On a hot day you want to get into your car as fast as possible to turn it on and start the air conditioning. Your first thought may be to find out how hot it actually is outside. The easiest way to do that is to check the temperature on your dashboard, which could read at least five degrees cooler or warmer than what the actual air temperature is outside. You may ask yourself why these temperatures are so far off.
"The temperatures that we see in cars a lot of times are not accurate," says Christine Riley, a meteorologist with the National Weather Service in Hanford.
She says there are several factors that lead to false readings.
"A lot of times a car will be sitting in the sun for a really long period of time," Riley says.
Or they may be parked over asphalt, which absorbs more heat.
"It's much hotter over asphalt than it is, say over grass," she says.
Even with her knowledge, Riley wasn't exactly sure where the temperature sensor was located on a vehicle.
"The ambient sensor is right behind the grille," says Daniel Perez, a local automotive technician. Depending on the make and model of your car, it could also be right behind the bumper.
The sensor is protected by panels and that's why it's not usually visible to the eye. Perez says the temperatures could be inaccurate because of the location of the sensors.
"If you're parked in the direct sunlight, obviously the sensor is going to read higher. If you're parked under a car port, the reading is going to be a little lower," Perez says.
He also says the sensor can pick up heat from the road's surface.
"Once you start driving the vehicle, the temperature starts dropping, because the fan is pulling air through the grille and through the sensor," he says.
Perez wants people to know that they should not jump to conclusions right after starting the vehicle. Instead, he says to give it about ten minutes of drive time. That will allow for enough airflow through the car, so the sensor can fully update.
"Every so often, the vehicle's computer will get a reading from the sensor and then send it to the display," he says.
He says that you should also keep in mind that an after-market grille will sometimes skew the temperature sensor.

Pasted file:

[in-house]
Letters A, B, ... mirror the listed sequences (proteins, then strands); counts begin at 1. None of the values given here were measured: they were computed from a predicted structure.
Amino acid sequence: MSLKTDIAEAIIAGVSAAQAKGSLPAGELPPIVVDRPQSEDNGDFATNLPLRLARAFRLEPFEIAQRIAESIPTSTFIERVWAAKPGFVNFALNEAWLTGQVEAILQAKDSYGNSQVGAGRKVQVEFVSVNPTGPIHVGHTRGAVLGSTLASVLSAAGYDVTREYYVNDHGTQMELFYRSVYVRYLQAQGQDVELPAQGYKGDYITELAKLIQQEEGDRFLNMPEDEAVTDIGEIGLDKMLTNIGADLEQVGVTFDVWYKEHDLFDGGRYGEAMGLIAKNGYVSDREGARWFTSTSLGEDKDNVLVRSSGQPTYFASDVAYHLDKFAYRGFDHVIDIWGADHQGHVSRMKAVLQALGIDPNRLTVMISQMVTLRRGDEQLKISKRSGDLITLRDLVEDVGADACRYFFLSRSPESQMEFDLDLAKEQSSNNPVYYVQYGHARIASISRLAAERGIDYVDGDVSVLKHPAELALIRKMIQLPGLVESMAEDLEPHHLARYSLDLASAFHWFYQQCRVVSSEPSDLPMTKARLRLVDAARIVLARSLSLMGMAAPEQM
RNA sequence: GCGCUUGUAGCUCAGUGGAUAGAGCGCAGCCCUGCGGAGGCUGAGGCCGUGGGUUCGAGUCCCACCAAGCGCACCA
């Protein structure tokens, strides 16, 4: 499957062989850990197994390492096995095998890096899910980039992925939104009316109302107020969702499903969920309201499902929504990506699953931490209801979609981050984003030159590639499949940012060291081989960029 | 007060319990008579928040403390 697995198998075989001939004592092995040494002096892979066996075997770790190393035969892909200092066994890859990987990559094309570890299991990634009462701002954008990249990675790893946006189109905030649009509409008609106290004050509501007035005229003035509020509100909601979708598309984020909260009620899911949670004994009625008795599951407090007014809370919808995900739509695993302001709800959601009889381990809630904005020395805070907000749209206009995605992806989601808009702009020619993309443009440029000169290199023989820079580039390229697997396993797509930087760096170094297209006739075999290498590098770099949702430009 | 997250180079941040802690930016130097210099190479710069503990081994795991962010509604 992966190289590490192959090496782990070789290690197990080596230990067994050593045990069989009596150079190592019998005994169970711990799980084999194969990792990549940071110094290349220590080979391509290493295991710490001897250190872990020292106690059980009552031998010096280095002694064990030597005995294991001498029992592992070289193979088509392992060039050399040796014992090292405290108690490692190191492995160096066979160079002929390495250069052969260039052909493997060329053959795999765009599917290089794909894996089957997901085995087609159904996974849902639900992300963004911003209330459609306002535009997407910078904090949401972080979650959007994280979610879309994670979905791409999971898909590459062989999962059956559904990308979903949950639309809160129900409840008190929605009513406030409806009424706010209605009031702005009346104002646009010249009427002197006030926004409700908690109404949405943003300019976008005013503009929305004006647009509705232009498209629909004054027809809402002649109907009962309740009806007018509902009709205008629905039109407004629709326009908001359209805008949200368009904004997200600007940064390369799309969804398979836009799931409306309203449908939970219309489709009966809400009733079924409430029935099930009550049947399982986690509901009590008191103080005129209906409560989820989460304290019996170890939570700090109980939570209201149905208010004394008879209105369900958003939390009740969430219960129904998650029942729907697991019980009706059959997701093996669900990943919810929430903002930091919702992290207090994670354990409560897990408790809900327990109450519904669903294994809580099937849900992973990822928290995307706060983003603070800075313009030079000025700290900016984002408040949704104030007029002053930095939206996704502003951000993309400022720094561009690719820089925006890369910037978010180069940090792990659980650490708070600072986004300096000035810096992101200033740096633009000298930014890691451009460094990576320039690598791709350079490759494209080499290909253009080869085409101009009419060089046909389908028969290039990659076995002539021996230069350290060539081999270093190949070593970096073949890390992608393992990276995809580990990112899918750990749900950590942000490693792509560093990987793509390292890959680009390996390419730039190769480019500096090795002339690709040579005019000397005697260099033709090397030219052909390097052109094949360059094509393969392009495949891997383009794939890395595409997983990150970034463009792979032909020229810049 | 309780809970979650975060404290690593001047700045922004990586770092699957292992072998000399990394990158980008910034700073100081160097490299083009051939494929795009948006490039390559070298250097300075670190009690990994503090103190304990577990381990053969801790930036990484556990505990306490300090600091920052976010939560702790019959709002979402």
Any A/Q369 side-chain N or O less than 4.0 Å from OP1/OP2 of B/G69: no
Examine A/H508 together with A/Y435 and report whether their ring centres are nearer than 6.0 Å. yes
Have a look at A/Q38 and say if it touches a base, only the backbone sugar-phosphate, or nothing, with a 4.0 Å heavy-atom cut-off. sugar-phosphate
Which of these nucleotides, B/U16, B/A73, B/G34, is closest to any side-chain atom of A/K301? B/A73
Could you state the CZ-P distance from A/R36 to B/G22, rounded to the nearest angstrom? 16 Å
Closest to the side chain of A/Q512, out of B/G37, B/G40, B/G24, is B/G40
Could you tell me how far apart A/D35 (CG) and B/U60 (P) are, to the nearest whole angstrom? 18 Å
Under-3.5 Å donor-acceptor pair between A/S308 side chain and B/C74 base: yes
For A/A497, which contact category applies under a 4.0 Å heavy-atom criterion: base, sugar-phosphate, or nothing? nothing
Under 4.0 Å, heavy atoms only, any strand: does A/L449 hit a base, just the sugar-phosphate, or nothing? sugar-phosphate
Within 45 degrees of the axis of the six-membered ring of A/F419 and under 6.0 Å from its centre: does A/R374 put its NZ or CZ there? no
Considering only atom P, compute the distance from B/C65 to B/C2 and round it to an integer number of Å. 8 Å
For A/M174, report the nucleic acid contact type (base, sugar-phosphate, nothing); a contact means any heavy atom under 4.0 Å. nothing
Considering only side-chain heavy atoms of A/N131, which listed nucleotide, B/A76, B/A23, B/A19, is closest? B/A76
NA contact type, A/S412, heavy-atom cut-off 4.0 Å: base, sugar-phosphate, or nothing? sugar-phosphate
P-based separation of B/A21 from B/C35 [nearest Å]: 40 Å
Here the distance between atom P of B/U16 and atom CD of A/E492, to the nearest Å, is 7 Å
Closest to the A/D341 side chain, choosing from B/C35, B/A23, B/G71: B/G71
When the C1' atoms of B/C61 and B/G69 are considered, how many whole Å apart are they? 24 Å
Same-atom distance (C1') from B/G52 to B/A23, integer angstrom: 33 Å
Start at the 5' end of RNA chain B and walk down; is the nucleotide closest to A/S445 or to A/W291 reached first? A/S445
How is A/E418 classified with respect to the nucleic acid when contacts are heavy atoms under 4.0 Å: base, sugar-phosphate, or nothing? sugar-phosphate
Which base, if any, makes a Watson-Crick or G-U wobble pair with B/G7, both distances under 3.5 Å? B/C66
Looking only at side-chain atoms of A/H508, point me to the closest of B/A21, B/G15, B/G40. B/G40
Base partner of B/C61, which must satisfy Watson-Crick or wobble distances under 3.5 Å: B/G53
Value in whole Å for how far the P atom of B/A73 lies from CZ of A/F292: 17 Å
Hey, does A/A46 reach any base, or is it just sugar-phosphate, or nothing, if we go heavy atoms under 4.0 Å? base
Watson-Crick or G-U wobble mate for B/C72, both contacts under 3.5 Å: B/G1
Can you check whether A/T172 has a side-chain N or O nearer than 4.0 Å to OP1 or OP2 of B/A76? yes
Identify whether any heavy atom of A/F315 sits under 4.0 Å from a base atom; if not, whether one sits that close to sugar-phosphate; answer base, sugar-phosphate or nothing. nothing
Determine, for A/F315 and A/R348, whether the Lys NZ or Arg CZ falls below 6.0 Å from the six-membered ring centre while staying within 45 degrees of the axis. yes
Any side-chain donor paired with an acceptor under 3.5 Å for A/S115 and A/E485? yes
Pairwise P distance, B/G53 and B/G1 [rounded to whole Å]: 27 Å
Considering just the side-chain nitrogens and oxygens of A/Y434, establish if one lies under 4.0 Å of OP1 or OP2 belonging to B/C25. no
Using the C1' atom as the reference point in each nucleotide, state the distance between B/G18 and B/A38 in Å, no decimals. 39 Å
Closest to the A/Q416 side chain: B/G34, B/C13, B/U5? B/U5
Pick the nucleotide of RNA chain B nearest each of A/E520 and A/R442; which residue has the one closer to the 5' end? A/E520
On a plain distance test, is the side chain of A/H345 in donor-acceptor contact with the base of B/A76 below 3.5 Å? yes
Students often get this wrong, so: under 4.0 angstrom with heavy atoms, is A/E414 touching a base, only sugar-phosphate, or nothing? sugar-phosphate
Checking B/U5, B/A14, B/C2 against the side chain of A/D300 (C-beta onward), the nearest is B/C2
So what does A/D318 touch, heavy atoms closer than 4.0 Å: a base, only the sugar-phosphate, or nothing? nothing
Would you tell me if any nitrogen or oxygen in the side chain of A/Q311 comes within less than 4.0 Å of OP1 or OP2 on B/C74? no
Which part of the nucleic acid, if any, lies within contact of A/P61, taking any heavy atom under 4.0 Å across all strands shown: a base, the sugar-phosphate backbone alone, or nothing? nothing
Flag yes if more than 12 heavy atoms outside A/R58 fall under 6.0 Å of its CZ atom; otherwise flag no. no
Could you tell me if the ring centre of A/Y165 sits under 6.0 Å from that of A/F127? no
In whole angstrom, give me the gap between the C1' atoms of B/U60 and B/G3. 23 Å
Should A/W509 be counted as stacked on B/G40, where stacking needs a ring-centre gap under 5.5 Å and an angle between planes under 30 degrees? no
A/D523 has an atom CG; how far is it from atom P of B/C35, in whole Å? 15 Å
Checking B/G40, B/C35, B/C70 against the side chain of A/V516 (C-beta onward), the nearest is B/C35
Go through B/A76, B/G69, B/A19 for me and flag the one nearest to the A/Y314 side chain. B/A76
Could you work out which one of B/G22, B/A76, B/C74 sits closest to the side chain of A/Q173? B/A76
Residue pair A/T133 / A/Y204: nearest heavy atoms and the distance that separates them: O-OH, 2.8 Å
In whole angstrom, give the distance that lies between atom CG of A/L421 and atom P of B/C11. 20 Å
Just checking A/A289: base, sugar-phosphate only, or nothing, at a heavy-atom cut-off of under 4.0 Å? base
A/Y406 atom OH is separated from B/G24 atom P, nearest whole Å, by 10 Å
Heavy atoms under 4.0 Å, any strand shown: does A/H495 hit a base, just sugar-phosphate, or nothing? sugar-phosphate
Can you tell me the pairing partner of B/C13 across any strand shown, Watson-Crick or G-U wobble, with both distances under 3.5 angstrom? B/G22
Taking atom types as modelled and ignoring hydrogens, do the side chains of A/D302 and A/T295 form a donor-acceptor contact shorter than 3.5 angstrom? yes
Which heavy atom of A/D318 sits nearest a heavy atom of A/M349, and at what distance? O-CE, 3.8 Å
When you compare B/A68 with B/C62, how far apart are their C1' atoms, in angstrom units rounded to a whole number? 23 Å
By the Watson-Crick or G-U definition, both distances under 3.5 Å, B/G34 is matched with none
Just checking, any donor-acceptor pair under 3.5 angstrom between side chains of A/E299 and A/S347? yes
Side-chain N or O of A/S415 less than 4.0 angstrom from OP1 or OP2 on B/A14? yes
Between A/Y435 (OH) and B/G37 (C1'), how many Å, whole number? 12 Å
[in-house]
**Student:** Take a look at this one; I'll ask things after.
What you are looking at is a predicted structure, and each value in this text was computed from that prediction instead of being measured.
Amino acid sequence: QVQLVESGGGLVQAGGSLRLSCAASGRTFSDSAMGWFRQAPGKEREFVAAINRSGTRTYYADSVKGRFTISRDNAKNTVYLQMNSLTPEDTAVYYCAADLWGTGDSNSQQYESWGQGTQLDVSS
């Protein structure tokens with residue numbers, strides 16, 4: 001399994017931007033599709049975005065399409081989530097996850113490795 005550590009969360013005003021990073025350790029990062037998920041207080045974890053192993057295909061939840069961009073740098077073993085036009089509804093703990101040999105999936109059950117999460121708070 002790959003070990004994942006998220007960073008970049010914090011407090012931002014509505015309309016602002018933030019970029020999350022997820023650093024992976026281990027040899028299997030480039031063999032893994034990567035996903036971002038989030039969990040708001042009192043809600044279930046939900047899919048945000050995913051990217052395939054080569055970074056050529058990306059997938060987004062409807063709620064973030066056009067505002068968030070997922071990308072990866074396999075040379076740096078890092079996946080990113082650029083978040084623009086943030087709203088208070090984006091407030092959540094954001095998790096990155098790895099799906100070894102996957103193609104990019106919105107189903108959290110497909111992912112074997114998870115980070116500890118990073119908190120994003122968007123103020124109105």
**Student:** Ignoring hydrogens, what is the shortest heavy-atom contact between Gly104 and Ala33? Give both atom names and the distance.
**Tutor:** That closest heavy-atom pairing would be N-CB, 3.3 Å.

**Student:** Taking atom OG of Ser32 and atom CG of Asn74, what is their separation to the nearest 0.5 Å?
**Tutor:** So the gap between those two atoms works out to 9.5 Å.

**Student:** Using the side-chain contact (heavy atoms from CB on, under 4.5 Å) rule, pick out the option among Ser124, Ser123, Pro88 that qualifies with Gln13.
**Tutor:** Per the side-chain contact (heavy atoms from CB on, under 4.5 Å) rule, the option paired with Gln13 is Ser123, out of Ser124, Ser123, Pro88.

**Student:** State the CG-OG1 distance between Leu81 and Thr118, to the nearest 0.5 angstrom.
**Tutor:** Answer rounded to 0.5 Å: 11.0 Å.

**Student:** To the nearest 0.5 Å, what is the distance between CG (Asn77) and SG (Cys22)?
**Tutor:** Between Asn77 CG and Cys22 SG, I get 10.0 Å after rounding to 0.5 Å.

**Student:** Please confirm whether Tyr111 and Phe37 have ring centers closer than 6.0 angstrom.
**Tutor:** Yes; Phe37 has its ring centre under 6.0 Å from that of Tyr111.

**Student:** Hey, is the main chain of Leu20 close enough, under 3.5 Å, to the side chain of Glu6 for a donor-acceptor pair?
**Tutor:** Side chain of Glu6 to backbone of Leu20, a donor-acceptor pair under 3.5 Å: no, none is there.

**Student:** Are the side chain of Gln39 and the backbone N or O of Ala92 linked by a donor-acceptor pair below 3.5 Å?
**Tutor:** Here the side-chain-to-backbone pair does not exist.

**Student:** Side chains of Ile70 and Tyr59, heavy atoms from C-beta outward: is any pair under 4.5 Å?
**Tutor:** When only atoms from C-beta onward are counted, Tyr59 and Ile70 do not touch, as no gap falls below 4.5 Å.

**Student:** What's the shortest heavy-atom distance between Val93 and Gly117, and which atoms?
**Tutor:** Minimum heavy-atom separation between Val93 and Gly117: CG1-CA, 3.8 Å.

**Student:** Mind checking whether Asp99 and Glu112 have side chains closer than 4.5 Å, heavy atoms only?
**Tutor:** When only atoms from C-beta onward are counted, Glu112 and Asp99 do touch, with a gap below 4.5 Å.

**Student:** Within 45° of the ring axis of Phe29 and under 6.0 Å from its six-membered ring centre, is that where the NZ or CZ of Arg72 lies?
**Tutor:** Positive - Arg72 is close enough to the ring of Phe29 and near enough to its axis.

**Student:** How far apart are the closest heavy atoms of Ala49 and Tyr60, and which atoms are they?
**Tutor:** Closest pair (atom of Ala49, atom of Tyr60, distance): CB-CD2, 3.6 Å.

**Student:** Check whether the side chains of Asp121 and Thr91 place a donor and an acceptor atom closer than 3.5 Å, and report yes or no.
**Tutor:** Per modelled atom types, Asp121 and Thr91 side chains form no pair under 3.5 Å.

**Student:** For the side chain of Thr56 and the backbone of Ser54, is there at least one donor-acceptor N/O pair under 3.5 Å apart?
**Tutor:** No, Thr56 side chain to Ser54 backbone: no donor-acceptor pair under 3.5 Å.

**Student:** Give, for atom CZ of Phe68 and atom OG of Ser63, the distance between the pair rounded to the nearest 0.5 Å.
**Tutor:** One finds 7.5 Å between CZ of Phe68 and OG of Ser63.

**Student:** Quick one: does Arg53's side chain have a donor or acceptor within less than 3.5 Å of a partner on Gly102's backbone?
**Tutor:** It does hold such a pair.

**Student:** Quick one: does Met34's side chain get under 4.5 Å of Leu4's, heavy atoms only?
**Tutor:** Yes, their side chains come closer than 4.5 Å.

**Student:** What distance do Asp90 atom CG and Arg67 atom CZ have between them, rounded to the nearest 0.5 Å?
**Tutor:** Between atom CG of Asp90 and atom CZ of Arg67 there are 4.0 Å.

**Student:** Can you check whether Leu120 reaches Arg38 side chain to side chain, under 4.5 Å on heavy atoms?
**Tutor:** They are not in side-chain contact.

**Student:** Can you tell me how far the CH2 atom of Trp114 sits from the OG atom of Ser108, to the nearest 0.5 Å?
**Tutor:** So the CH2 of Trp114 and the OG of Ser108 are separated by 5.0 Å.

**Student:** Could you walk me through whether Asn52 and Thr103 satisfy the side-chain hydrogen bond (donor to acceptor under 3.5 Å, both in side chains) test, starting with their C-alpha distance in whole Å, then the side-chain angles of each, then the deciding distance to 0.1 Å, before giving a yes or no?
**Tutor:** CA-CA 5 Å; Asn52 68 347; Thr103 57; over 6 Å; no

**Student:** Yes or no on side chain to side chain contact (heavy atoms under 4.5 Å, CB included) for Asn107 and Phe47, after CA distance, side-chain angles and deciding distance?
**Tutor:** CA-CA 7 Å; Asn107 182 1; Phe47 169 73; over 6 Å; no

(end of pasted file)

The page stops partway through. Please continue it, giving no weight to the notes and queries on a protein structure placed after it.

"The add-on grille partially blocks the airflow and won't give you an updated or actual temperature reading," Perez says. "The original grille was designed for more open space and more airflow."
Overall, Perez and Riley say there are just too many variables that can make the car temperature readings differ greatly from official readings at weather stations across Kern County.
"Those have been sited in a way where they are all equal, so there's nothing really to obstruct the temperature or to sway it and make it either too cool or too warm," Riley says.
If you're going to install your own weather station at home, Riley wants you to know that there are a few criteria you'll want to keep in mind when setting it up.
"Never put it over pavement, make sure you're far away from trees so it's not shaded, and make sure that it's about four to six feet above the ground. Also, make sure it's not near an air conditioner or a chimney, which could add heat to an area," she says.
Riley recommends keeping a close eye on your station. If the surrounding area changes, such as pavement being added nearby, that could sway temperatures several degrees.
"One thing you want to look for are temperatures trends," she says. "You want to see how it's relating to the other weather stations in the area."
Those trends can help you compare your own weather readings to the official ones to make sure you are getting the most accurate numbers.